Power Electronics based on silicon science, following the phenomenal growth in microelectronics also based on silicon science, is at its early stages of fast growth. In generation area it is needed for connection of photo-voltaic, wind power and fuel cells.In the transmission area HVDC is used for long distance transmission and interconnection of systems with incompatible frequencies. HVDC is well established and represents power electronics application in a range of hundreds to thousands of MWs. Now we also have the new technology of Flexible AC Transmission (FACTS) for increasing useable ac transmission capacity, through high-speed control of voltage, current, phase angle and power flow. Since the introduction of this concept about twelve years ago, there has been a definite and sustained progress in understanding of the opportunities offered by FACTS. FACTS concept has caught the fascination of the industry and the academia as a new way of managing the power transmission systems of the next century.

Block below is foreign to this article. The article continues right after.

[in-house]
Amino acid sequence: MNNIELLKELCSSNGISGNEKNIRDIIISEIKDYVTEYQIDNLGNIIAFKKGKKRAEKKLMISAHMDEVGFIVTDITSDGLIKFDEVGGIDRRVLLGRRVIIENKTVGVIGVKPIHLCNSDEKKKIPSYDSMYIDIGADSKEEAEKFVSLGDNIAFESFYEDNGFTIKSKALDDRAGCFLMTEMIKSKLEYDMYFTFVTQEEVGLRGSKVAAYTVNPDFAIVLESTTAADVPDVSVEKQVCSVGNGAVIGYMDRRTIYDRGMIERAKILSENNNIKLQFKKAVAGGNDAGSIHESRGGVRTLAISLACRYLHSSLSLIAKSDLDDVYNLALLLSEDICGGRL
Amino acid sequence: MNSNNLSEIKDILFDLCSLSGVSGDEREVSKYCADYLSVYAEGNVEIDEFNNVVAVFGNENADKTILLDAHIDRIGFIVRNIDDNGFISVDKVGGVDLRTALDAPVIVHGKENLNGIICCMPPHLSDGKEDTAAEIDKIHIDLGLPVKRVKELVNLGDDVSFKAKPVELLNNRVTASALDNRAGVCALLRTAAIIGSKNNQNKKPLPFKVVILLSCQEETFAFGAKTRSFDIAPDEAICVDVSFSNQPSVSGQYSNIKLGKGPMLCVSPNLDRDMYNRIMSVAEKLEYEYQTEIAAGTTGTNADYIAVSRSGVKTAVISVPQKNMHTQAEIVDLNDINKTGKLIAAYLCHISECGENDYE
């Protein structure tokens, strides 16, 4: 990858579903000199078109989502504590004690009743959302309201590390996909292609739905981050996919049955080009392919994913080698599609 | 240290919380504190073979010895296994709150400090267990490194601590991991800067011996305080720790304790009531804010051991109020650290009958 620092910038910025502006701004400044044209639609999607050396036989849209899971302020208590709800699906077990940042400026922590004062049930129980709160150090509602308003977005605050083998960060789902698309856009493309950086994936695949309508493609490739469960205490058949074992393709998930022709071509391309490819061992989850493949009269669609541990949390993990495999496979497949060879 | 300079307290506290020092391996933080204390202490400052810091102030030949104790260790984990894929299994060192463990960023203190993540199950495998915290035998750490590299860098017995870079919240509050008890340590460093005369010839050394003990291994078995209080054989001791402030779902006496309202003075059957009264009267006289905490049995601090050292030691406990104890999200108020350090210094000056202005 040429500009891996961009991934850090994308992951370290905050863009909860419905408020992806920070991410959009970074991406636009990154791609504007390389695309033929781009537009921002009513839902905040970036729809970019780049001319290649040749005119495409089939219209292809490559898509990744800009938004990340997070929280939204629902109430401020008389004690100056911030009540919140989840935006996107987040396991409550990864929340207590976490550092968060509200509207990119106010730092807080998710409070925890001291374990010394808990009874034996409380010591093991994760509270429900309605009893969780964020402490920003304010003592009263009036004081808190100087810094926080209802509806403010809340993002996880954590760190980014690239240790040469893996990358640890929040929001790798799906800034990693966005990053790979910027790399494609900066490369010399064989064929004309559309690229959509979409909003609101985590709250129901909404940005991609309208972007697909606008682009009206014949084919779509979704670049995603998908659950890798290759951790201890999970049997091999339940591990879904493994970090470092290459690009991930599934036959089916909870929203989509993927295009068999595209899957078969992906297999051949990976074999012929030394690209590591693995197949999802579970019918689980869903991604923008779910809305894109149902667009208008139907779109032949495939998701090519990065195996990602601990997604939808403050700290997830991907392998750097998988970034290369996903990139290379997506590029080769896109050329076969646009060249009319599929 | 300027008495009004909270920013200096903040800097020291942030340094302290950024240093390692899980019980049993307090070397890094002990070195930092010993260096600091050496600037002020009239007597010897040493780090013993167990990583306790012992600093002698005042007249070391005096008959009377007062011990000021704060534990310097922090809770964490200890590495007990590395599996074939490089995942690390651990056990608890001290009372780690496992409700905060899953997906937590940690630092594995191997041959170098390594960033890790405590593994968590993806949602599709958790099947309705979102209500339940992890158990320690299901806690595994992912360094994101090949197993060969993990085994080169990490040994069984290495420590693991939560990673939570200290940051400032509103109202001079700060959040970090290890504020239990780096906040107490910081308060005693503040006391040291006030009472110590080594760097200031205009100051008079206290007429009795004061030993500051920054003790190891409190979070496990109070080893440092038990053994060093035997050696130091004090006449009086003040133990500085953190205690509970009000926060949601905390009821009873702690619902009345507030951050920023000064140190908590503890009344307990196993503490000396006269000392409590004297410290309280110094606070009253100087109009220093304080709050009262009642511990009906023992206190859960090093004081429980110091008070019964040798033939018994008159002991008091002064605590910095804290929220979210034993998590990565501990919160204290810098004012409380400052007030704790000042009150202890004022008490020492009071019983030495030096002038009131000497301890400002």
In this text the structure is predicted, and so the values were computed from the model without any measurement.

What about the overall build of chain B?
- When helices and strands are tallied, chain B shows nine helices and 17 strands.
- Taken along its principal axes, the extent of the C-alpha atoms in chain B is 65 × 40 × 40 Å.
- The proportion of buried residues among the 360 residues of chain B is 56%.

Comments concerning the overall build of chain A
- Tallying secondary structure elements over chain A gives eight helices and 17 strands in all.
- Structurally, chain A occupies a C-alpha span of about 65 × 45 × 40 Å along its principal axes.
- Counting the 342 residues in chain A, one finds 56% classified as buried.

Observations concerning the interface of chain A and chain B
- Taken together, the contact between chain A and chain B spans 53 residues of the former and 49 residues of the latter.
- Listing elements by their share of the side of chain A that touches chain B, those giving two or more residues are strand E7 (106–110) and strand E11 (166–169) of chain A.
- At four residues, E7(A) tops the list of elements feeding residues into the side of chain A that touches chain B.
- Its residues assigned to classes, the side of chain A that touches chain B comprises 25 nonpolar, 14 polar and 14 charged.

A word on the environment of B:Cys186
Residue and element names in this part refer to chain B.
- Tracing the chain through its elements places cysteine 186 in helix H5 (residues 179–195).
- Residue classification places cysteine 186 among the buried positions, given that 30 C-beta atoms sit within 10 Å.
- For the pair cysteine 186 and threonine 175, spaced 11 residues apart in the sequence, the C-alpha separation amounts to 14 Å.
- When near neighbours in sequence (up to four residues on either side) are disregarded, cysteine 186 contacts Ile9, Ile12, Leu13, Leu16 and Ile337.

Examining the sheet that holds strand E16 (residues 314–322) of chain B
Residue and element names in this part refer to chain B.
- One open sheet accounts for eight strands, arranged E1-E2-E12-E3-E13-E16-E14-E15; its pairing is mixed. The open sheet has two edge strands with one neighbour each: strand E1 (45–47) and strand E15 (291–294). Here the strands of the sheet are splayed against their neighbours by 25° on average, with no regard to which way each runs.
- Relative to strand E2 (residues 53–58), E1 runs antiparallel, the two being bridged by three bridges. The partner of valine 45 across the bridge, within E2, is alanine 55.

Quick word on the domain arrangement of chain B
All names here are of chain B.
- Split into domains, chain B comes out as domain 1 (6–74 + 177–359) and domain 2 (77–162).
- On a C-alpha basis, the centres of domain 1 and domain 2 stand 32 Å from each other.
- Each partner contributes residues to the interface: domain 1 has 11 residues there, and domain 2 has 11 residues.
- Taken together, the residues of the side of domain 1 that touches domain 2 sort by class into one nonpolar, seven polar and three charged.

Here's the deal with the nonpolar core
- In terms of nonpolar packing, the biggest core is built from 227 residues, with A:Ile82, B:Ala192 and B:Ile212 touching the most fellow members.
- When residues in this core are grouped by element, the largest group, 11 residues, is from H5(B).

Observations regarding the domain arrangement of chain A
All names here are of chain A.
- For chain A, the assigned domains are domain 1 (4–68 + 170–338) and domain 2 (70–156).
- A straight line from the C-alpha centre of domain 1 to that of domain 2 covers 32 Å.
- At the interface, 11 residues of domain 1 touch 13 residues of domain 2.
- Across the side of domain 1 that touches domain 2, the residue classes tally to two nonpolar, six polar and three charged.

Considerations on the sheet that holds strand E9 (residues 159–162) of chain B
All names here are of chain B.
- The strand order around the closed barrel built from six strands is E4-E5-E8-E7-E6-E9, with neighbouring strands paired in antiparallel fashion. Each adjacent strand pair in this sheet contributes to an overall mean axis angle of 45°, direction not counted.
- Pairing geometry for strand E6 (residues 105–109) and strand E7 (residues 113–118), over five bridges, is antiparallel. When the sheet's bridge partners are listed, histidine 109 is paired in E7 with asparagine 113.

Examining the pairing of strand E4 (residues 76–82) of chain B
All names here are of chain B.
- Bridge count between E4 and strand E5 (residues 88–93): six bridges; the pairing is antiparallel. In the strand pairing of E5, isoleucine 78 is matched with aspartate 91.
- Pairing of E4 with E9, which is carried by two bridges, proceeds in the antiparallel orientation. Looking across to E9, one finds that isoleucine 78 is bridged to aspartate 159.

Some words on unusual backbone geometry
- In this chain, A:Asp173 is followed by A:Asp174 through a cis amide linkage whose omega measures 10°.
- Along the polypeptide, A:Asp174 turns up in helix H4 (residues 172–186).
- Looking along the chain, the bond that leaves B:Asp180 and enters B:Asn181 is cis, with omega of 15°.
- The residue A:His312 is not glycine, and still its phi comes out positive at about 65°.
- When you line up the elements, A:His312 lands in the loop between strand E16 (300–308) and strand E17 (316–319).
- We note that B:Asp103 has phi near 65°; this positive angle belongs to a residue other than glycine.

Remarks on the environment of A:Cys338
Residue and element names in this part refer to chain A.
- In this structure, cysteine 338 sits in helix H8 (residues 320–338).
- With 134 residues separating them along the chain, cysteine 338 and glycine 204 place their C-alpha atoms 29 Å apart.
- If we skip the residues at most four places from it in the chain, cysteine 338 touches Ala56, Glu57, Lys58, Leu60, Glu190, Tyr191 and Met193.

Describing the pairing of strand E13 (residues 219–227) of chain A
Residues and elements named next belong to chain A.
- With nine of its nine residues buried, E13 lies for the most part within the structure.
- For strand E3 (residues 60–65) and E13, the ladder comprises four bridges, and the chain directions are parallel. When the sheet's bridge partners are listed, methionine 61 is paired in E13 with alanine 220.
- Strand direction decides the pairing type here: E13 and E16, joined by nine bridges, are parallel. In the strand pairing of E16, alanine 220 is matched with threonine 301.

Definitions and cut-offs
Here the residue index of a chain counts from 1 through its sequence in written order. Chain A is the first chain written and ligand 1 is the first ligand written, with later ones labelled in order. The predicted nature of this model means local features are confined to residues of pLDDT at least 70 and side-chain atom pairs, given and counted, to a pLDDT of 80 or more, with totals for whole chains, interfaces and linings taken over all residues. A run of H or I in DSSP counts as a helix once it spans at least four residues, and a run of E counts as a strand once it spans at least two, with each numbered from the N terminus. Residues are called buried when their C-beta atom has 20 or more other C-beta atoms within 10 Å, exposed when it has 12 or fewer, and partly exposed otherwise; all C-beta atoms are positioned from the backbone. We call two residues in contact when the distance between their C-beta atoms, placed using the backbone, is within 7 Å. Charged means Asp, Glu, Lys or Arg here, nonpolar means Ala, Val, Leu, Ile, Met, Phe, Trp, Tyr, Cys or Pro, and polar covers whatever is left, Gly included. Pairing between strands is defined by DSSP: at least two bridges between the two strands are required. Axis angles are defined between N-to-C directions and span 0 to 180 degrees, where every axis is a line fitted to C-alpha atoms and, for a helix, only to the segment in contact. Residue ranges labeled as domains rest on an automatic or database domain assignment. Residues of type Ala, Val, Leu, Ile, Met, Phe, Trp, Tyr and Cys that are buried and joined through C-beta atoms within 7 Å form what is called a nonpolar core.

In the distribution area, Custom Power is a concept based on the use of power electronics Controllers at the customer supply point, for the electric utilities or others to supply value-added reliable and high quality power to their customers. The underlying issue is that of the changing need of reliability of power and that an improvement in this reliability requires value-added investment. In fact futuristic industrial parks may well be Custom Power Parks, where all industrial/commercial customers will receive power supply with options of various levels of reliability and quality.
Dr. Hingorani who received the IEEE Third Millennium Medal, is a Life Fellow of IEEE and a member of the IEEE Foundation Board since 1998.
TOP 12 IEEE SECTIONS IN THE WORLD
[By member Strength as of 31 Dec 2002]
Section No of members